The building boasts a Norman Nave and 14th century bell tower and is regarded by English Heritage as a good example of a traditional country parish church.
Mrs Smith is thought to have joined the historic church about five years ago but has divided opinion among worshippers when she backed the Parochial Church Council’s plans to modernise the building.
The Friends of St Nicholas have already raised around £20,000 towards the modernisation plans – which include removing the Victorian pews in favour of more informal seating, installing underfloor heating, building a kitchen, toilet and gallery meeting room under the bell tower.
But the scheme has been met with horror by some villagers and led to a day-long Consistory Court hearing which ruled in favour of the changes to the church.
I couldn’t find a decent photo of the interior courtyard of Morse, featuring the Morse Tower. They’ve planted some little trees, which get in the way now.
Morse College (along with Ezra Stiles) is one of two new residential colleges at Yale built circa 1961 featuring back-then very fashionable designs by Eero Saarinen, who whipped up a curious melange, alluding to medieval hill towns in Tuscany via a late 1950s marriage of George Nakashima to a comfy Disneyesque-version of Brutalist modern concrete architecture.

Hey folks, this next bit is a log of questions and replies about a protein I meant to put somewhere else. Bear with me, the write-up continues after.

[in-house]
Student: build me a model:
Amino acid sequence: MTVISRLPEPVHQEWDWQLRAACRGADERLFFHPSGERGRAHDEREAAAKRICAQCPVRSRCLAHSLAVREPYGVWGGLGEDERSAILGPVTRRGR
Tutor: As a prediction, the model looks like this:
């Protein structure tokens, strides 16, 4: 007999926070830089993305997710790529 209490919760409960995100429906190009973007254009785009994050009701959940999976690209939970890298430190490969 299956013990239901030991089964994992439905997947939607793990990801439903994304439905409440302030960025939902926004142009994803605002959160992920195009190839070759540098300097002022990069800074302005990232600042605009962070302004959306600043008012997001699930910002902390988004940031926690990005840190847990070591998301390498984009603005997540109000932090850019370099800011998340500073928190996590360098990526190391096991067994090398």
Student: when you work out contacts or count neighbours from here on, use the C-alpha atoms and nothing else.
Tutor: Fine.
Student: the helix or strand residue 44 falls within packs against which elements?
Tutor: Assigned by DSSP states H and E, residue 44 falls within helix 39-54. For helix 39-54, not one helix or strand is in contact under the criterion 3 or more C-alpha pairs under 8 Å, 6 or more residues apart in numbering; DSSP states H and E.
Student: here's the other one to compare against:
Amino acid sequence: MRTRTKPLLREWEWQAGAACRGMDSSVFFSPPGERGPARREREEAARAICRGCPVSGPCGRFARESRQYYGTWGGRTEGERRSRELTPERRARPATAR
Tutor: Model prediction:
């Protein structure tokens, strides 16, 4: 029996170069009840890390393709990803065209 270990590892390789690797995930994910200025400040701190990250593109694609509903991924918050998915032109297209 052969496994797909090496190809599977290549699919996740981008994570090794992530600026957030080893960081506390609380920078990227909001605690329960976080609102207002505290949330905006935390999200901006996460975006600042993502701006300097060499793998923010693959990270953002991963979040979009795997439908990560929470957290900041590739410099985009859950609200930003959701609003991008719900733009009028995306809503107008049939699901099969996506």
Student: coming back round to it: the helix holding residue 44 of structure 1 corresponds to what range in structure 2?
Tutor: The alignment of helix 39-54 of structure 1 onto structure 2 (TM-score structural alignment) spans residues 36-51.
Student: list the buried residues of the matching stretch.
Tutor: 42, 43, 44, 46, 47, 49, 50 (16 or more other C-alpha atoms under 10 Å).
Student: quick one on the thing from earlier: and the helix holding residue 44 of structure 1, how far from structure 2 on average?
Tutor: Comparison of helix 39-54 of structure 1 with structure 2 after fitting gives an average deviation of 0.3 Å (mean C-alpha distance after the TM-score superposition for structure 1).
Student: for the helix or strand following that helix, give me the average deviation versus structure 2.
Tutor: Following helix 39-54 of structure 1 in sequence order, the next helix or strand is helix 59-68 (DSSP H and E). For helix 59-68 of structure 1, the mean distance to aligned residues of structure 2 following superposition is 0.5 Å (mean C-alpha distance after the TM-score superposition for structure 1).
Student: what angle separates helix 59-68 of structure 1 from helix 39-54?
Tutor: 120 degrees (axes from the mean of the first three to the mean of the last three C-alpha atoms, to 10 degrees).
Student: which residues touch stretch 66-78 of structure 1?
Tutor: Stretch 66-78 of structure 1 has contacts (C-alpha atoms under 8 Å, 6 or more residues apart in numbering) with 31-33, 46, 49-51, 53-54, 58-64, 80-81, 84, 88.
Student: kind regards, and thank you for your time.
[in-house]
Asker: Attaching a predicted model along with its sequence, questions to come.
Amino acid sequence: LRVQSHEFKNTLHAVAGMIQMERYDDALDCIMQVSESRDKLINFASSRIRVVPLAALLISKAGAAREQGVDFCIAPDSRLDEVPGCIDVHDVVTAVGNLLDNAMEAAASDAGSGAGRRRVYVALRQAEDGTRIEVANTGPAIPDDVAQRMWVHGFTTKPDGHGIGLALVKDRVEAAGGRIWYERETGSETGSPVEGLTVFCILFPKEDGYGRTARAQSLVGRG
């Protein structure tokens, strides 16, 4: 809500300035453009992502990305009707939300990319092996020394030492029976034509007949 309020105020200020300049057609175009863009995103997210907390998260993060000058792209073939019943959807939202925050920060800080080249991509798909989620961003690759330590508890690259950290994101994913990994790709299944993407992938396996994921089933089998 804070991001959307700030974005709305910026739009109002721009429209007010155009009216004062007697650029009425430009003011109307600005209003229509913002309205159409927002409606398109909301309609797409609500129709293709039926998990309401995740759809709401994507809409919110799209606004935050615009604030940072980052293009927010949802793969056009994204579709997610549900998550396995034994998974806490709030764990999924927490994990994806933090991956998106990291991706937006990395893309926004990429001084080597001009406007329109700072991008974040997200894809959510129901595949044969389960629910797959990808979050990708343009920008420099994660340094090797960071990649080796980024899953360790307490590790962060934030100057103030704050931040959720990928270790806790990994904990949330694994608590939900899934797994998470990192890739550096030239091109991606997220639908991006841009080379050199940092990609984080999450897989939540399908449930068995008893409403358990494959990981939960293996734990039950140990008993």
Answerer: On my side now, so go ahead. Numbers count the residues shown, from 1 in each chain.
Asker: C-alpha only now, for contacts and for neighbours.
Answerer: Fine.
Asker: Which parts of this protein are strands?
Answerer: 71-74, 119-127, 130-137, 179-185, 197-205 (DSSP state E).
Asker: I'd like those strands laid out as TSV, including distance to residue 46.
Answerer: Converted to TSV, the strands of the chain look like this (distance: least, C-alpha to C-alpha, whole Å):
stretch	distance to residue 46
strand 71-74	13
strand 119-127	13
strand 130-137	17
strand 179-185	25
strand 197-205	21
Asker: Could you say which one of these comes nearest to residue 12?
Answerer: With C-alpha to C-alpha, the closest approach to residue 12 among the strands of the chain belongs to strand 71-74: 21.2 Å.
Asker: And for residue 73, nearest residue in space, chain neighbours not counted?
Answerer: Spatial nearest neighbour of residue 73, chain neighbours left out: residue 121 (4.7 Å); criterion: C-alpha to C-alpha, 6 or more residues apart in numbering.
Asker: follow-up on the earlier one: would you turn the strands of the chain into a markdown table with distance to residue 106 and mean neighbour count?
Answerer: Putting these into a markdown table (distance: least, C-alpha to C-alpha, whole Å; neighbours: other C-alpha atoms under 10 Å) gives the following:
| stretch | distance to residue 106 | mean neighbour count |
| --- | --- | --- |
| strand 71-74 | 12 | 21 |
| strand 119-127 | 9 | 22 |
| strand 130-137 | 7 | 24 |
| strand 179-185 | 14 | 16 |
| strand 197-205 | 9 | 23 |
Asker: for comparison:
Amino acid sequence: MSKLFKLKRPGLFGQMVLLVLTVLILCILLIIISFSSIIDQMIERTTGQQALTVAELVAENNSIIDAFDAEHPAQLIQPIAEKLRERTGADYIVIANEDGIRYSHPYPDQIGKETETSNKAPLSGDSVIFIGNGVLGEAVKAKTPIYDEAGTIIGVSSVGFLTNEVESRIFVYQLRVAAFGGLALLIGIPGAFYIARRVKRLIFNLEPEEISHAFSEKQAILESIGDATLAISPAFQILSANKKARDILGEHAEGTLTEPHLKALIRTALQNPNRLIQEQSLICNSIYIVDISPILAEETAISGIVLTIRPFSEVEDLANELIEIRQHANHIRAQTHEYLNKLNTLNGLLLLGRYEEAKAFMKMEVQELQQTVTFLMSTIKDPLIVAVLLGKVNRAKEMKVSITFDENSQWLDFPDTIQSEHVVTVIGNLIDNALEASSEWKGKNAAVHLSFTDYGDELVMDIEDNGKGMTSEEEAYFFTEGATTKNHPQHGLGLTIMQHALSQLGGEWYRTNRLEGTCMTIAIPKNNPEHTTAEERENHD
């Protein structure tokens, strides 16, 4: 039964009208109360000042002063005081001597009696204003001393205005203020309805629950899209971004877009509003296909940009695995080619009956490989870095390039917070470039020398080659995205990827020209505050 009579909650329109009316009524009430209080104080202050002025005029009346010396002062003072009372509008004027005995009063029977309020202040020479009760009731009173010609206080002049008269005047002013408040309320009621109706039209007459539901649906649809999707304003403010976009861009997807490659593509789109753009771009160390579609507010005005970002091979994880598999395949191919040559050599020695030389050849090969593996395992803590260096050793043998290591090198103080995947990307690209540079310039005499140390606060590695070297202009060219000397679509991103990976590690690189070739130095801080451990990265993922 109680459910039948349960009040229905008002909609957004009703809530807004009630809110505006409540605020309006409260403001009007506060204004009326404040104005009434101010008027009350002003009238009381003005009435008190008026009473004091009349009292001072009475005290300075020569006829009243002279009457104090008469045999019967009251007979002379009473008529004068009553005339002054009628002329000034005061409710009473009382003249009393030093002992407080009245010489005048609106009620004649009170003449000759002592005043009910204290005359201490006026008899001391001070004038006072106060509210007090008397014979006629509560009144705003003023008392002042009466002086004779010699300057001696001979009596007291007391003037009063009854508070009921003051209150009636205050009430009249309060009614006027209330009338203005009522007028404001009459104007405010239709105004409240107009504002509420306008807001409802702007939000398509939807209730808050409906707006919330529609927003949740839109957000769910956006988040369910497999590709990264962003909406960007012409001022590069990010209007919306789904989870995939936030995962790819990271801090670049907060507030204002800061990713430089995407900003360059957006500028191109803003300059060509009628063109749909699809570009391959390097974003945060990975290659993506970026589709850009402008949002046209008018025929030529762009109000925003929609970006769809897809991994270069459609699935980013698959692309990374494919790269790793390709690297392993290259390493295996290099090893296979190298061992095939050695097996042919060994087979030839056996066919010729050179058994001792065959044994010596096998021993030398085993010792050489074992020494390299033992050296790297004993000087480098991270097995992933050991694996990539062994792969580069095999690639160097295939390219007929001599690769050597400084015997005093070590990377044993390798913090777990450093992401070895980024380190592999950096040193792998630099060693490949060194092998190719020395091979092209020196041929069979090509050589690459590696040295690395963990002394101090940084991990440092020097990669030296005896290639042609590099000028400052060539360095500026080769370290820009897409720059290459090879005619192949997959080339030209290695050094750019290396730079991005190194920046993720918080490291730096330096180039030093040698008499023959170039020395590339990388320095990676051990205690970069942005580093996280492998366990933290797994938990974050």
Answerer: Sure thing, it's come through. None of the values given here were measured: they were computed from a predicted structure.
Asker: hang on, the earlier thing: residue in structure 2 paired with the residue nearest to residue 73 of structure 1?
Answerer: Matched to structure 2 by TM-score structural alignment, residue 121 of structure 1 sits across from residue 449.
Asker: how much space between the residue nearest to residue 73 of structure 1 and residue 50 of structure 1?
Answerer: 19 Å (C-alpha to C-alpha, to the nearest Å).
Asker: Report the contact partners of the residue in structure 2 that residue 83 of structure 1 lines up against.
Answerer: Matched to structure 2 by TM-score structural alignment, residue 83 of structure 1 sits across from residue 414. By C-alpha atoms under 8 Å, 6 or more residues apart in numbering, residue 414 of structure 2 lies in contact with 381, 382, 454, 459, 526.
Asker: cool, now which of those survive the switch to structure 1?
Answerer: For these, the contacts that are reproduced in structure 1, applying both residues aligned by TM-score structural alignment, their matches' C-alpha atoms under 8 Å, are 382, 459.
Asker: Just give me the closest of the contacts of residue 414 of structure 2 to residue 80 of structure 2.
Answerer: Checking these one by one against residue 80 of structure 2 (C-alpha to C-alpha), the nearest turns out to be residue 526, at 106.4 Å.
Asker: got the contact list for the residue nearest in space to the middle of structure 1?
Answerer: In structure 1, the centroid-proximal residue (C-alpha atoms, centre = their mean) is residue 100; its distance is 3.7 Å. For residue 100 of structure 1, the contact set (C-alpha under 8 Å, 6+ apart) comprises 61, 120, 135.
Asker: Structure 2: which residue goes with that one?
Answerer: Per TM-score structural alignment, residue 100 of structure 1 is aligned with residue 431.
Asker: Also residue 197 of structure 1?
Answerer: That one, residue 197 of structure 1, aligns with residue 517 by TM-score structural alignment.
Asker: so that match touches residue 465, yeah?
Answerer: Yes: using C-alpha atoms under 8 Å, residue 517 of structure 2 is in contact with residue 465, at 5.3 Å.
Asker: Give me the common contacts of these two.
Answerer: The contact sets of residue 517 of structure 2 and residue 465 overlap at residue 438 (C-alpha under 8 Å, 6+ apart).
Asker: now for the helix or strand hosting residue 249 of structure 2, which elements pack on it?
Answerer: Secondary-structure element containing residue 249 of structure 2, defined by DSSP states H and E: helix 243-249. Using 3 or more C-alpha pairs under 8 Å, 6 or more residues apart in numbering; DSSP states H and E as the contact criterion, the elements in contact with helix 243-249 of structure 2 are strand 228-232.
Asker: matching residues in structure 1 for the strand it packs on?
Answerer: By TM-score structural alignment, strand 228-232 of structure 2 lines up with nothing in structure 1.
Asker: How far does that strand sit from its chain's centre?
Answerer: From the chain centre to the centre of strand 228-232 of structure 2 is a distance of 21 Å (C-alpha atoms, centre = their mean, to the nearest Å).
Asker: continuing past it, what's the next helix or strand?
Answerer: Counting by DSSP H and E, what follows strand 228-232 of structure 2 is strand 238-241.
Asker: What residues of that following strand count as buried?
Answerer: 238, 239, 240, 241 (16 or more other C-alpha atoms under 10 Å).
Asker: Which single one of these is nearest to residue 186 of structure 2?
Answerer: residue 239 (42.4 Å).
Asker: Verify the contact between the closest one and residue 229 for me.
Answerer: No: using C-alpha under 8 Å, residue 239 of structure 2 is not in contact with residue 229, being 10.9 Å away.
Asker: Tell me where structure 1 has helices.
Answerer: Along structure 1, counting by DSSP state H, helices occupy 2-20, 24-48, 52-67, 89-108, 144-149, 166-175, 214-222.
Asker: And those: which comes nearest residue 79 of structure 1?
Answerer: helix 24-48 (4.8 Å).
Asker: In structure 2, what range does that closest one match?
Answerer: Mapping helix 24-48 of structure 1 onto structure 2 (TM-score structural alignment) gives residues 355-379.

Students wound up receiving a basically ugly, somewhat industrial-looking modernist college with the sort of interior that might have been designed by communist hobbits… if communist hobbits had a lot of money. Their consolations were single rooms, and lots of expensive built in wood. The grain of the corridor doors in Morse was very striking, and I can tell you that back in the early 1970s at least half of the hirsute crowd of stoners in the Morse TV room could normally be found sitting facing away from the set engrossed in the grain patterns of the door. You could get wrecked just walking through that TV room.
One drawback of life in Morse was the fact that Saarinen had an aversion to right angles (too uncreative, I suppose), which produced peculiar room shapes. Two rooms in Morse College were notorious for having eleven walls, none of which was long enough to put the standard issue Yale bed against, while still allowing the resident to open the door.
Over the last decade, Yale has been “remodeling” (read: gutting and completely rebuilding) its residential colleges, completely revising floor plans and installing new PC green mechanicals, doubtless with an eye to packing in more students into less generous spaces.
At the present time, Morse is receiving its remodeling, which the Yale Daily News reports, once again, demonstrates just how feckless and irresponsible architects and the institutional administrators in the prosperous and happy 1960 era of Brutalism really were.
Though the college is built in the Modernist style, its aged facilities were anything but modern, [Evan] Yassky [of the Philadelphia-based architecture firm KieranTimberlake] said. Many of Morse’s internal systems, from electrical to fire safety, needed to be upgraded or replaced. An unexpected challenge was the difficulty of upgrading heating mechanisms inside the college because of the irregular angles of the buildings, Yassky said.